Technical Drawing: Elevations and Sections

Loft Conversions

Technical Drawing: Elevations and Sections

 

In Part 4 of the Technical Drawing series we are going to explore elevations and sections. We will look at the differences between elevations and sections, what information should be included in them and finish with our drawing checklists.

 

What is the difference between a section and an elevation?

 

An elevation shows a vertical surface seen from a point of view perpendicular to the viewers picture plane. For example if you stand directly in front of a building and view the front of the building, you are looking at the front elevation.

 

A section, take a slice through the building or room and show the relationship between floors, ceilings, walls and so on.

 

In a standard set of architectural plans on a small residential project, the elevations will most likely be a set of drawings from the main facades of the building. For example, front, back and two sides – or north, south, east and west.

 

The sections would most likely be two or more sections cut at 90 degrees of one another to give information on both directions of the space. We will explore all of these options in more detail.

Elevations

 

The elevation can be both an external elevation, like a building facade, or an internal elevation, like a wall in a kitchen. Elevations are shown as a flat plane, but depth can be indicated with line weights and shading if appropriate.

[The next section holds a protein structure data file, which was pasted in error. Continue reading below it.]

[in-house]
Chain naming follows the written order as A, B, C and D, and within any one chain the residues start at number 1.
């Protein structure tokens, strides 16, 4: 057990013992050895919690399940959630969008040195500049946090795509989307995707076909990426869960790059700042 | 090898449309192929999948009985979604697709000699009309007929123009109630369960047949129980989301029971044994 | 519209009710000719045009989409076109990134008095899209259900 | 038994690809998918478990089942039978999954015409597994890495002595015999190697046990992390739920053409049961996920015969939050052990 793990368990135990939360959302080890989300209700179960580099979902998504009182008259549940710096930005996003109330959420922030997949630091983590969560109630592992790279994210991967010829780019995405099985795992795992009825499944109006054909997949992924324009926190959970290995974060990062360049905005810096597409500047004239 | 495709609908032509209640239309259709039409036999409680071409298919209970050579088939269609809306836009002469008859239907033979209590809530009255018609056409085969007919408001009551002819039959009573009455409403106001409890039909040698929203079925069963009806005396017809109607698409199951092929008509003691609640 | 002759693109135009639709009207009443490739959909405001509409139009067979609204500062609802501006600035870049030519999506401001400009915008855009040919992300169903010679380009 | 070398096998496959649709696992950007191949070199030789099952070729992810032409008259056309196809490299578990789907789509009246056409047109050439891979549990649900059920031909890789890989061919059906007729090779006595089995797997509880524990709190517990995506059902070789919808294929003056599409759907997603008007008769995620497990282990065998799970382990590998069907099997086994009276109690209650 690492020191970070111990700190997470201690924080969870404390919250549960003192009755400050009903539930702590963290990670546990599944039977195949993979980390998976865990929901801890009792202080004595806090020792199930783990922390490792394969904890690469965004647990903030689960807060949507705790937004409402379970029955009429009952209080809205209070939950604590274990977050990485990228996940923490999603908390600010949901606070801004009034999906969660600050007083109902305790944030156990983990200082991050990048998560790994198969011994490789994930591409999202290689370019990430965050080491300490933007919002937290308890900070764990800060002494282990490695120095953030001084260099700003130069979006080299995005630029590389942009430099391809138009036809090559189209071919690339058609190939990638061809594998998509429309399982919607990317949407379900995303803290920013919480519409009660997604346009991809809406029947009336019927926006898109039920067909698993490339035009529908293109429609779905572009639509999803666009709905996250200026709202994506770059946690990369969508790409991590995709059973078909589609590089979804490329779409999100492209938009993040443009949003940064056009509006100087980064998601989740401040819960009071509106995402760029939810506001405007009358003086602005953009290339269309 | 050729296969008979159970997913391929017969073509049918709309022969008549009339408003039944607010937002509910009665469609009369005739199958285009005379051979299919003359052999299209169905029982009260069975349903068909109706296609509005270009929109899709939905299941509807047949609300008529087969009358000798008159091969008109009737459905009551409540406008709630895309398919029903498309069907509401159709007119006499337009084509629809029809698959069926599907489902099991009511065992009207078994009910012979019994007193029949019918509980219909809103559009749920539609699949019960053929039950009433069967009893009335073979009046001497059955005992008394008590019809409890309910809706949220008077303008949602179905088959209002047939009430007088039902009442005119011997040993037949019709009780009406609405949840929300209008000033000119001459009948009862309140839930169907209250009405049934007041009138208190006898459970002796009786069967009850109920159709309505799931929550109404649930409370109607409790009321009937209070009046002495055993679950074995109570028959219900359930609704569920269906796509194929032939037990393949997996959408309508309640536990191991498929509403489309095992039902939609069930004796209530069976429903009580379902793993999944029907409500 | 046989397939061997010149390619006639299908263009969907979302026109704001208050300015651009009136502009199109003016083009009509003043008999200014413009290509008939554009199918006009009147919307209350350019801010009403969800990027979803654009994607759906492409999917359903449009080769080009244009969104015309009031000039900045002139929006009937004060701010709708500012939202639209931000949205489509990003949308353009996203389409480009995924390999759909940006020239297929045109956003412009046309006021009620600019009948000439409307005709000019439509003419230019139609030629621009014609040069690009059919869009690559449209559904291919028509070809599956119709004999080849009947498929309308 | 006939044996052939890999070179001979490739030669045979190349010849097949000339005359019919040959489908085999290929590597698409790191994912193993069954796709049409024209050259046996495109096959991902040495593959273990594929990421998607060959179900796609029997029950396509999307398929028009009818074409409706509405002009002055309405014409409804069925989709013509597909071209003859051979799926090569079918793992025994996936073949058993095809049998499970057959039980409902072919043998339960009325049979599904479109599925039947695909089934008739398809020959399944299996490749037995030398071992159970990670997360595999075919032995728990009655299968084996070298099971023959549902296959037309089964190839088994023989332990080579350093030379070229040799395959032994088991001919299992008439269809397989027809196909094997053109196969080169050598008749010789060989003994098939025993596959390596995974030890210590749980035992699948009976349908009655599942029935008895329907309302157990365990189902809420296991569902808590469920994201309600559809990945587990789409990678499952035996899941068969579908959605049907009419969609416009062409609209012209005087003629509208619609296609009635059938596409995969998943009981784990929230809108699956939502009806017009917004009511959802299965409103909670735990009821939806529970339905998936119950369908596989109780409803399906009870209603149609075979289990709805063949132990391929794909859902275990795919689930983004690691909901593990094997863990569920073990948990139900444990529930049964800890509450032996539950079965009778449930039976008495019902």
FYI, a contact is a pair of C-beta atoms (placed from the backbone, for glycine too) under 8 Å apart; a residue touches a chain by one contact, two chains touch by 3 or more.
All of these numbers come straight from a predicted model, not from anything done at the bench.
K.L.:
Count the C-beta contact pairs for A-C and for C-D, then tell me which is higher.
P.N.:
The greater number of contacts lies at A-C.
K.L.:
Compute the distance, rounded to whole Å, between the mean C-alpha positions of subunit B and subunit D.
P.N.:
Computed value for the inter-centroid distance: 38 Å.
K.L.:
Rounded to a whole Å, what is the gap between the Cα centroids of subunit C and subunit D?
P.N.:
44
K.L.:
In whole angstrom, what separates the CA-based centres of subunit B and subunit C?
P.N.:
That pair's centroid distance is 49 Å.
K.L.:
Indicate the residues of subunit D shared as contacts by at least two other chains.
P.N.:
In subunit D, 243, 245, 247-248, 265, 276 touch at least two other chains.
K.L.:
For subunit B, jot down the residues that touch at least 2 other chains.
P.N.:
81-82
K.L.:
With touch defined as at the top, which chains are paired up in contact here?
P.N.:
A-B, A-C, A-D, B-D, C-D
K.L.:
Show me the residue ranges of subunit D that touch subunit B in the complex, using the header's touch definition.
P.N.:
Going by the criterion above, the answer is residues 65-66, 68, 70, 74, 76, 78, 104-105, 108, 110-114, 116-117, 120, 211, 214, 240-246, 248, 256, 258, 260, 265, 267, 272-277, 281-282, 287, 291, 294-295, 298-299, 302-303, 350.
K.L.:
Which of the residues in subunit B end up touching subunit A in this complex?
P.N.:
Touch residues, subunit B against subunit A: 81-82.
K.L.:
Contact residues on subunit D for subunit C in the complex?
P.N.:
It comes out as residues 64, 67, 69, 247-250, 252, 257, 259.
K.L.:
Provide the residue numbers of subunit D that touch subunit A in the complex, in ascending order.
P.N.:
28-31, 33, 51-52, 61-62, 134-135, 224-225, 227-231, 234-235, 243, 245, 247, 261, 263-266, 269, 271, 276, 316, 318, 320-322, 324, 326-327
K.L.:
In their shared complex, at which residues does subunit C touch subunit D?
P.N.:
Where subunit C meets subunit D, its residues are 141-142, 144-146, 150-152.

Scale of the elevation will be dependent on the information shown. Usually an external elevation will be the same scale as the floor plans that it corresponds with, however, an interior elevation, which is usually showing more detail, may be at a larger scale.

 

External Elevation

The external elevation will show a vertical surface or plan seen from a perpendicular point of view. It could be that you only need a set of four elevations, or you may need many more. For example, the building may have courtyards, a complicated floor plan that requires more communication of the elevations. Usually the elevations are titled according to the compass direction they are facing, ie north, south and so on.

 

The elevation will often show materials and finishes of the building, and possibly some context to the building depending on the scale. Elevations can show gridlines and finished floor levels, and depending on the stage of design can show window/door numbering and dimensions. The elevation needs to show the reader information that cannot be seen on the plan. For example, a complicated brick pattern will only be visible on the elevation and cannot be communicated through the plan alone.

 

Showing context to the building on the elevation is also useful to the reader. For example, external landscaping, levels of paths that surround the building and other key features are useful when reading the elevations.

Internal Elevations

 

Internal elevations are drawn to provide further information that cannot be seen in the floor plans or sections. For example, a floor plan of a kitchen does not show whether the kitchen units contain cupboards or drawers, and how many. The internal elevation gives detailed views of the interior, with attention to heights, materials and finishes, surfaces, cabinetry, doors, objects and dimensions.

 

Finishes can be demonstrated using hatches and labelled using leaders or a key. Interior elevations will show dimensions for clarity, particularly heights which may not be shown on the floor plan.

Checklist for Elevations:

 

General drawing

  • Drawing sheet title block
  • Drawing Title
  • Scale
  • Doors
  • Windows